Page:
Location: Gir Gir Group Ranch, Waso Division, Samburu East District
Postal address: PO Box 464, Isiolo, Kenya
Manager: Andrew Lesiapadei
Contact: E: Kalama@nrt-kenya.org T: 0721 463 930
Land Ownership: Registered, title issued under Gir Gir Group Ranch
Core Conservation Area: 46,100 hectares
Main Livelihood: Livestock keeping and tourism
Key Wildlife Species: Elephant, Grevy’s zebra, reticulated giraffe, wild dog, cheetah, lesser kudu, gerenuk, and leopard
Year of Registration: 2002
Staff Employed from the Community: 35
Annual Operating Budget: US$ 124,500
Encompassed by protected land and playing host to a section of the great Ewaso Nyiro river makes Kalama Community Conservancy a favorable rangeland for people and wildlife alike. For the Samburu, the acacia grasslands hold the promise of well fed cattle, while herds of elephants and other wildlife take advantage of an increasingly secure and well watered corridor between the northern reserves of Seraand Namunyak, to the southern reserves of West Gate, Samburu and Nakuprat-Gotu.
Primarily pastoralists, the Samburu have a wealth of knowledge built up through decades of farming the harsh terrains of northern Kenya. But as changing times bring increased pressure on natural resources, grazing cattle has become a volatile livelihood. The registration of Kalama as an NRT conservancy has enabled members of the community to diversify their income through alternative livelihoods, as well as allowing pastoralists to combine their traditional knowledge with modern science to more sustainably manage their rangeland. A holistic approach to grassland management ensures a balanced and sustainable ecosystem fit enough to support healthy cattle, wildlife and communities together. As part of this, a conservancy grazing committee has been elected and trained, and grass seedling harvesting is ongoing. Find out more about the rangelands programme.
NRT Trading's Bead Works programme provides materials and ready markets for women in Kalama who make beaded crafts. 250 women make up eight groups in Kalama, and through the support of ICEP, a micro-credit program me, these women also have access to micro-loans to develop their ventures and set up viable alternative sources of income for their families. Nonguta Lemarle for example, a Samburu woman from Kalama, took out a 10,000 Kenyan shillings (US$120) loan to buy a solar panel, and now charges people in her village a small fee to charge their mobile phones.
Because of its location, Kalama is a critical migratory corridor between northern and southern conservation areas. During the 2009 drought, elephant numbers in the conservancy rocketed as they flocked to the well supplied water hole near the eco lodge. The reduced impact of livestock grazing in the area meant the herds also had a plentiful supply of food, which the endangered Grevy’s zebra rely on too. In 2008, approximately 2,400 Grevy’s were thought to be roaming Kenya’s northern rangelands, an 80% decline since the 1970’s. Kalama is home to substantial populations of the species, and plays a vital role in its conservation. 30 community rangers patrol Kalama, and are critical in raising conservation awareness, gathering intelligence, managing conflict and collecting basic wildlife data. Trained with funding from NRT and generous support from the Kenya Wildlife service, they emerged with knowledge in discipline, field craft, wildlife law and wildlife monitoring.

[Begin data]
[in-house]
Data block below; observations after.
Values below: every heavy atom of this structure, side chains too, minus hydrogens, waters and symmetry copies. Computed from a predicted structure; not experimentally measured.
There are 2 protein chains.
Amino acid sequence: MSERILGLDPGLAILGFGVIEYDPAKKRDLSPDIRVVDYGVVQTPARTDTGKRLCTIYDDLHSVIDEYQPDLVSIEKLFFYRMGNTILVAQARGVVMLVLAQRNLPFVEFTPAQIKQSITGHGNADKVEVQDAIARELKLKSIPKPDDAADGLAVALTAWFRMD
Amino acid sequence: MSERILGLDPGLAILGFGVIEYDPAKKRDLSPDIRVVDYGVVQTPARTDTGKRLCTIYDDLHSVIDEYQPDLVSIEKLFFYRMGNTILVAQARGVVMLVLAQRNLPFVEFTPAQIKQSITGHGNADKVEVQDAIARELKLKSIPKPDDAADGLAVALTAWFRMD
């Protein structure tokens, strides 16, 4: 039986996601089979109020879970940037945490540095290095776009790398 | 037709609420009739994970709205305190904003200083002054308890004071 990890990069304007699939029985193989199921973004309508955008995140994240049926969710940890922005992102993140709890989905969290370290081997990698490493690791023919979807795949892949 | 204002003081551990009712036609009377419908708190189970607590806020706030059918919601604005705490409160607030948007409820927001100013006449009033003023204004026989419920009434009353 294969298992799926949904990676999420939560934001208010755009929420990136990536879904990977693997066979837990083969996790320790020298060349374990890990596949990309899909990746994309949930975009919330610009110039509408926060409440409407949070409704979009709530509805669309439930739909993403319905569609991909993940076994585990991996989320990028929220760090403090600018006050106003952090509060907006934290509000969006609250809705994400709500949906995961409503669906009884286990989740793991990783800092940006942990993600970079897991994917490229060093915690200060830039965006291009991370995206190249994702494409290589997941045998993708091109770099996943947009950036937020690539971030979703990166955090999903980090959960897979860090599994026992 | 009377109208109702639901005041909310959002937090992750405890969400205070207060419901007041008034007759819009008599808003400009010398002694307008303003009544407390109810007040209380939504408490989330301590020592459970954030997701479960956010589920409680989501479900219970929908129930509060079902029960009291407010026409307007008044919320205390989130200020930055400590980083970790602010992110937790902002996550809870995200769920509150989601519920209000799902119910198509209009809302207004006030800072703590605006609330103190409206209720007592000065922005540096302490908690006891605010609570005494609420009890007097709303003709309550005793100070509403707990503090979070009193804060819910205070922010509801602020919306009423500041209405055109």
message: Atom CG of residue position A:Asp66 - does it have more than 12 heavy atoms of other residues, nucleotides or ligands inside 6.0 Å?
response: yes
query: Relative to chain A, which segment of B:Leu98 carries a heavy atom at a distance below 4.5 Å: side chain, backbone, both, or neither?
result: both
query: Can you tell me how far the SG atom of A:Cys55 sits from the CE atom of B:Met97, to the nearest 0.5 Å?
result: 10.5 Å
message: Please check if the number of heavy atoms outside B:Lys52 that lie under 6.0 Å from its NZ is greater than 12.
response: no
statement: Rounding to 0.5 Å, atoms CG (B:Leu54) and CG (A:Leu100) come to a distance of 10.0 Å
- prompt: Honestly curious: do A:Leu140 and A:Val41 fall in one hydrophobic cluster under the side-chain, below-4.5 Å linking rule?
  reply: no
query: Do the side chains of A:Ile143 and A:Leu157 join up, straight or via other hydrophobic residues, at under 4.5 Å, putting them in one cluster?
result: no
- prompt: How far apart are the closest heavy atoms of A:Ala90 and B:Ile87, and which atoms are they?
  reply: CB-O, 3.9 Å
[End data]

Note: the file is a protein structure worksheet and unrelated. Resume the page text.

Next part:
With the increased security and wildlife numbers on the rise, Kalama Community Conservancy is a popular tourist destination. The Saruni Samburu Lodge opened in 2009, employing 18 members of the local community and generating thousands of dollars of revenue for the conservancy. The year it opened, revenue to the conservancy totalled 70,000USD. 2014 saw revenue reach almost USD 80,000 – despite the tourism challenges facing Kenya during that year.
60% of this revenue goes back into the community to fund local projects, while the other 40% is used to fund the annual operating costs. For visitors more inclined to the raw experience of the African bush, Kalama now also provides campsites.
The Future of Kalama
With assistance from NRT and partner organisations, Kalama aims to achieve the following in the coming years:
- To convene, along with all other NRT community conservancies, in annual general meetings to share plans and progress
- To take part in a livelihood baseline survey, commissioned by NRT, with a view of determining the status and priority of education, health, water, jobs, food security, infrastructure and current availability of government services
- To continue the strengthening of wildlife security and monitoring within the conservancy
- To sign a partnership memorandum of understanding, along with all other community conservancies, between themselves and NRT
- To secure funding to repair the airstrip
- To take part in peace building exercises with surrounding communities
- To register as not-for-profit
- To develop a conservancy management plan endorsed by the constituent community in Kalama